Over the last few decades there have been significant developments in livestock and meat inspection systems in slaughterhouses. The most highly developed countries have taken the lead in bringing about these changes by enacting new legislation. These new national laws have been reflected by the Codex Alimentarius in its Codes of Good Practice and this has served to harmonise world trade in foodstuffs. The author identifies the different aspects to be considered when carrying out a veterinary inspection of animals and animal products in the slaughterhouse, bearing in mind the need to protect public and animal health. Although this article only covers cattle, many of the concepts set forth can be applied to other livestock species. Information obtained from the slaughterhouse is useful to primary production; conversely, information compiled in the primary production process makes for more efficient use of slaughterhouse resources. This information makes it possible to carry out risk-based inspections, which will gradually replace traditional procedures. Conventional inspections are often very rigid and mechanical and incapable of measuring the seriousness of hazards or of determining the probability that they will occur. Emerging biological, physical and chemical hazards, as well as new technologies, mean that we cannot become complacent about inspection procedures but must continue to be alert and to keep pace with the constant changes in food safety sciences. Another new trend is the active participation of operators, who must shoulder primary responsibility in upholding the safety of the food they produce.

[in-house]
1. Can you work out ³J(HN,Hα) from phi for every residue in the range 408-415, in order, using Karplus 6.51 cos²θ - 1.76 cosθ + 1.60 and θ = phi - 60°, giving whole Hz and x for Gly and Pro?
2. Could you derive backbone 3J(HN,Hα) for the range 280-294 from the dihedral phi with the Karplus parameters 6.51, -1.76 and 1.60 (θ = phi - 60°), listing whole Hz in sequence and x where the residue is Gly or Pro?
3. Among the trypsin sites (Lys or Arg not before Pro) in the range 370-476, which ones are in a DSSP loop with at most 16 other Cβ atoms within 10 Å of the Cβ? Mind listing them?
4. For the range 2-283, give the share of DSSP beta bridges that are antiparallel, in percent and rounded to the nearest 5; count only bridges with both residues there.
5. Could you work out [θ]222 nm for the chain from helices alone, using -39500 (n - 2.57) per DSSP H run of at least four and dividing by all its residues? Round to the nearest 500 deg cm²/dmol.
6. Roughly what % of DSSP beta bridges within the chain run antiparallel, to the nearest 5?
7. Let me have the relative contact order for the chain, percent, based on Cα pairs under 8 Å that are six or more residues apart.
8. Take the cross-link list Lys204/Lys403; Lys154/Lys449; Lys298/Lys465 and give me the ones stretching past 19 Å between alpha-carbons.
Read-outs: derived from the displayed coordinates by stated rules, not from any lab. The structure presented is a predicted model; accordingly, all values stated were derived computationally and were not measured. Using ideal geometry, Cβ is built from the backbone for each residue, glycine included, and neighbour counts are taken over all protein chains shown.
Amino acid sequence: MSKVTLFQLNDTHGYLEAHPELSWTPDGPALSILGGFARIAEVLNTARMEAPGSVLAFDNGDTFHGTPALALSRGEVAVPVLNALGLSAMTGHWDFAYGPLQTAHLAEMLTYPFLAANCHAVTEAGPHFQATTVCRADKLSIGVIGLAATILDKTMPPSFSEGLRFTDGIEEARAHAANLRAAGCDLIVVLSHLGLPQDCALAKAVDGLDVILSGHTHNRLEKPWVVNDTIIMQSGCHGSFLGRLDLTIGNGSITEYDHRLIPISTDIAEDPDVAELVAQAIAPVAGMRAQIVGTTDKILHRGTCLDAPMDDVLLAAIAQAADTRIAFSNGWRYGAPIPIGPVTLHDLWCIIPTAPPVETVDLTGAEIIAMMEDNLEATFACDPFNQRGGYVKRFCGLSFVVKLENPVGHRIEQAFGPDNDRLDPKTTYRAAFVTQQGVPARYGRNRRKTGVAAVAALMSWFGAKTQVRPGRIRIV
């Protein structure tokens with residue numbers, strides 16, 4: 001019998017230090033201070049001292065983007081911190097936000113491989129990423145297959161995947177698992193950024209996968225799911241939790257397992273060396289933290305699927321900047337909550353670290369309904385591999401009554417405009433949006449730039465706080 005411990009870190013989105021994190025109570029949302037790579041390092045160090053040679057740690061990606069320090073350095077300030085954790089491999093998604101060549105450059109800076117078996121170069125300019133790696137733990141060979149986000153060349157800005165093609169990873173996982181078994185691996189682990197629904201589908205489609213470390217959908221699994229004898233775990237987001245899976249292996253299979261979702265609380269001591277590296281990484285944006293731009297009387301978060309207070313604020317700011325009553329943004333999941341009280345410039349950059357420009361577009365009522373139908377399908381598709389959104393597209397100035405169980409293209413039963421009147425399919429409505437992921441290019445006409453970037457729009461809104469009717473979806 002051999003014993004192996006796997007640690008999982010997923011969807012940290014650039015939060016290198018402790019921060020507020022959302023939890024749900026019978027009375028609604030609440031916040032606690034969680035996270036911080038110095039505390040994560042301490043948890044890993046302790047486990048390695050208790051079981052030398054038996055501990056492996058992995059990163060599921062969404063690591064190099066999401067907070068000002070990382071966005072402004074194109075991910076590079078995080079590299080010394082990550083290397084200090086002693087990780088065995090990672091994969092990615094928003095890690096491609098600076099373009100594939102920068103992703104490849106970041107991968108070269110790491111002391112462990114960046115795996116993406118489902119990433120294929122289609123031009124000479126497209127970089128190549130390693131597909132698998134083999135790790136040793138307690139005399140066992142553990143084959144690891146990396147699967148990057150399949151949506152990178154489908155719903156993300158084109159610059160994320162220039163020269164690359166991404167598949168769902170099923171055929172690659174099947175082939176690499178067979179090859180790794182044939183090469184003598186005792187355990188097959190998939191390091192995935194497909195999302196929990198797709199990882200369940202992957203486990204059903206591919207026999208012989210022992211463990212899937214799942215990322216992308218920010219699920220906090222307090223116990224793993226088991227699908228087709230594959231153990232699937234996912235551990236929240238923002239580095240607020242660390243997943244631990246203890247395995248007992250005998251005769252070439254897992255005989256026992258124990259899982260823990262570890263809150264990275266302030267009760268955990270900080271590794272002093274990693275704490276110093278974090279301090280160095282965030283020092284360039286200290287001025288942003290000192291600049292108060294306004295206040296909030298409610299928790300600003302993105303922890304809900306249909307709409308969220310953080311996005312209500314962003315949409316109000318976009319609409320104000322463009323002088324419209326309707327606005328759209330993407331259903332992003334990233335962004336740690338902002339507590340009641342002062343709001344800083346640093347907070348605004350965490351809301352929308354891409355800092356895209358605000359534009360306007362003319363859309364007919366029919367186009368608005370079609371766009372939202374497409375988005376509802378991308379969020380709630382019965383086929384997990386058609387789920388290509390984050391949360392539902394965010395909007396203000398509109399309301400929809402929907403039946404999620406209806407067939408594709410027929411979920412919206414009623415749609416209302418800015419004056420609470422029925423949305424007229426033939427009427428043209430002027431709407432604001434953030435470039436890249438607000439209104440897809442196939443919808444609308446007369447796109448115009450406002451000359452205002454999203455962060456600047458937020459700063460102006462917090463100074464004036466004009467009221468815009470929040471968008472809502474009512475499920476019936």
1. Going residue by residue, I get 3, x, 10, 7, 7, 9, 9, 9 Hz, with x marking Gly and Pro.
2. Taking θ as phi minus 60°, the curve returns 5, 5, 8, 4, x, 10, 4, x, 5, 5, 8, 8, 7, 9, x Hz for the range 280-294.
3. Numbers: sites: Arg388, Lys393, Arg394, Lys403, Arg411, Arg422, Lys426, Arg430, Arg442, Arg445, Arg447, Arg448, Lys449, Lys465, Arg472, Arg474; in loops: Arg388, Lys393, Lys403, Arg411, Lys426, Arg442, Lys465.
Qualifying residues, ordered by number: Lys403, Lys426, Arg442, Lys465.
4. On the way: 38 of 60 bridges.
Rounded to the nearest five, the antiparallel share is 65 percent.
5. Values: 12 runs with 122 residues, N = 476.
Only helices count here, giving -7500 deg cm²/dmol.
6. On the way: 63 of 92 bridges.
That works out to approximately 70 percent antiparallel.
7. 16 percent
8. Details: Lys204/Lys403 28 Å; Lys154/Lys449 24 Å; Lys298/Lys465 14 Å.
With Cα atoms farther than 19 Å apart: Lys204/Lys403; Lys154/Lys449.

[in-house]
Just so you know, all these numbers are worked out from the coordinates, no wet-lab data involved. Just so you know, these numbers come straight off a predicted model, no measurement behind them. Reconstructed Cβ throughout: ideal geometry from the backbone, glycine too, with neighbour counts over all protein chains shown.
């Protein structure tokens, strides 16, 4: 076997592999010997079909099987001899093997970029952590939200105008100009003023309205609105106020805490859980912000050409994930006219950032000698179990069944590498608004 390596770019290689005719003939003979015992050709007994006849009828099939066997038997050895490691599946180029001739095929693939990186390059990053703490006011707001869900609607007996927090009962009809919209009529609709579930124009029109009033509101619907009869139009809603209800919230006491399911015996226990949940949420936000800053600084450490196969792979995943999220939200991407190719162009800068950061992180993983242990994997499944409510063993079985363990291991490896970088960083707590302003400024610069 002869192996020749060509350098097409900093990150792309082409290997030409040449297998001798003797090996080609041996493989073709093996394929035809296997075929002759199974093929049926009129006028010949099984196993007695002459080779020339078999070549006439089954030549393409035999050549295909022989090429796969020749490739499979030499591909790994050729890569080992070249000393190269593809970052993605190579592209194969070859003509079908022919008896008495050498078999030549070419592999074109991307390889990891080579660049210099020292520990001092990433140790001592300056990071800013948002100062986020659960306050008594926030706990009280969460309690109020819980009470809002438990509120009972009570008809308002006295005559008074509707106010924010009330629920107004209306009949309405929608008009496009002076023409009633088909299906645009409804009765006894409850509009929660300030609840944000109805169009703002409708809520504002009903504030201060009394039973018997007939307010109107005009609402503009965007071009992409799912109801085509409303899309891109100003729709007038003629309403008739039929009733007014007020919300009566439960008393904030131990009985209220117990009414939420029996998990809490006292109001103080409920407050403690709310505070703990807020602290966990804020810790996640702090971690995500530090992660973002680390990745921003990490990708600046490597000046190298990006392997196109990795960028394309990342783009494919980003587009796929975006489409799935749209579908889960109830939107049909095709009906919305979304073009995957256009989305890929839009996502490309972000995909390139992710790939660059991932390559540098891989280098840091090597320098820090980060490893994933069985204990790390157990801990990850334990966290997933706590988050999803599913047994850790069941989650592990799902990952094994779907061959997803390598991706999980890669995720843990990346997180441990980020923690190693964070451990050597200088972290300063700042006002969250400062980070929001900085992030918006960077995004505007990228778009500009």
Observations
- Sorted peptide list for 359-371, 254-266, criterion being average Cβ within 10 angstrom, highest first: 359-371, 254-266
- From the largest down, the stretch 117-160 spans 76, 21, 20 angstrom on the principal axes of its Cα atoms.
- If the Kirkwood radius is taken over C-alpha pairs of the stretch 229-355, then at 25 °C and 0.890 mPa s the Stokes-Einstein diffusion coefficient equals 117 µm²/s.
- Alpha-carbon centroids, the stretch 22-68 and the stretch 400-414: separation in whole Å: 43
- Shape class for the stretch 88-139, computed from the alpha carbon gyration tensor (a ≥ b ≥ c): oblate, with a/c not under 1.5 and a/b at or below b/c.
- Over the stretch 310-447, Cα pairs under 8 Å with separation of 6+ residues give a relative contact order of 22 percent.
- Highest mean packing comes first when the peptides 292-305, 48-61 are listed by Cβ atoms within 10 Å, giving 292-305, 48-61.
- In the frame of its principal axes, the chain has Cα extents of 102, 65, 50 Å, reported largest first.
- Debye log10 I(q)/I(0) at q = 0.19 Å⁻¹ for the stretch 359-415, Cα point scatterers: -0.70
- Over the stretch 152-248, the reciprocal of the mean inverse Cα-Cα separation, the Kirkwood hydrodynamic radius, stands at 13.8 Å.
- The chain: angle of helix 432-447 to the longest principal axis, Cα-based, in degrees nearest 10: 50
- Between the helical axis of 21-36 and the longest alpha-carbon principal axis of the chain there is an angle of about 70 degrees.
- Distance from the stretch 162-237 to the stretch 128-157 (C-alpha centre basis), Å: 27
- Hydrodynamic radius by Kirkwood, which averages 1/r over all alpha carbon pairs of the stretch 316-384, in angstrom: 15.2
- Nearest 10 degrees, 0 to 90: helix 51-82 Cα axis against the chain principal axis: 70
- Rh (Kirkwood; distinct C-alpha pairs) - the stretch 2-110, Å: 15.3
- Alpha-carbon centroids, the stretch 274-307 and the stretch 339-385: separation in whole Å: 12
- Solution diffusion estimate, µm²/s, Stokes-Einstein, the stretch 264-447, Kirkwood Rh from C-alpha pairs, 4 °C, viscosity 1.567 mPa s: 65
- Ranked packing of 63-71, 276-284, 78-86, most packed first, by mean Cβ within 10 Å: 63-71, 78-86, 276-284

Official veterinary inspection in the slaughterhouse plays several roles: the detection of animal diseases, the inspection of meat and meat products and the verification of audits carried out by the private sector. In recent years, the bovine spongiform encephalopathy crisis and cases of dioxin poisoning have highlighted the need for traceability of foodstuffs, i.e. giving consumers the opportunity to obtain information about the origin of their food and the different stages of its production (commonly referred to as the ‘farm-tofork’ chain). Finally, the slaughterhouse veterinarian, as a professional devoted to providing care to animals, is also responsible for ensuring animal welfare; this is an inherent part of his professional ethics.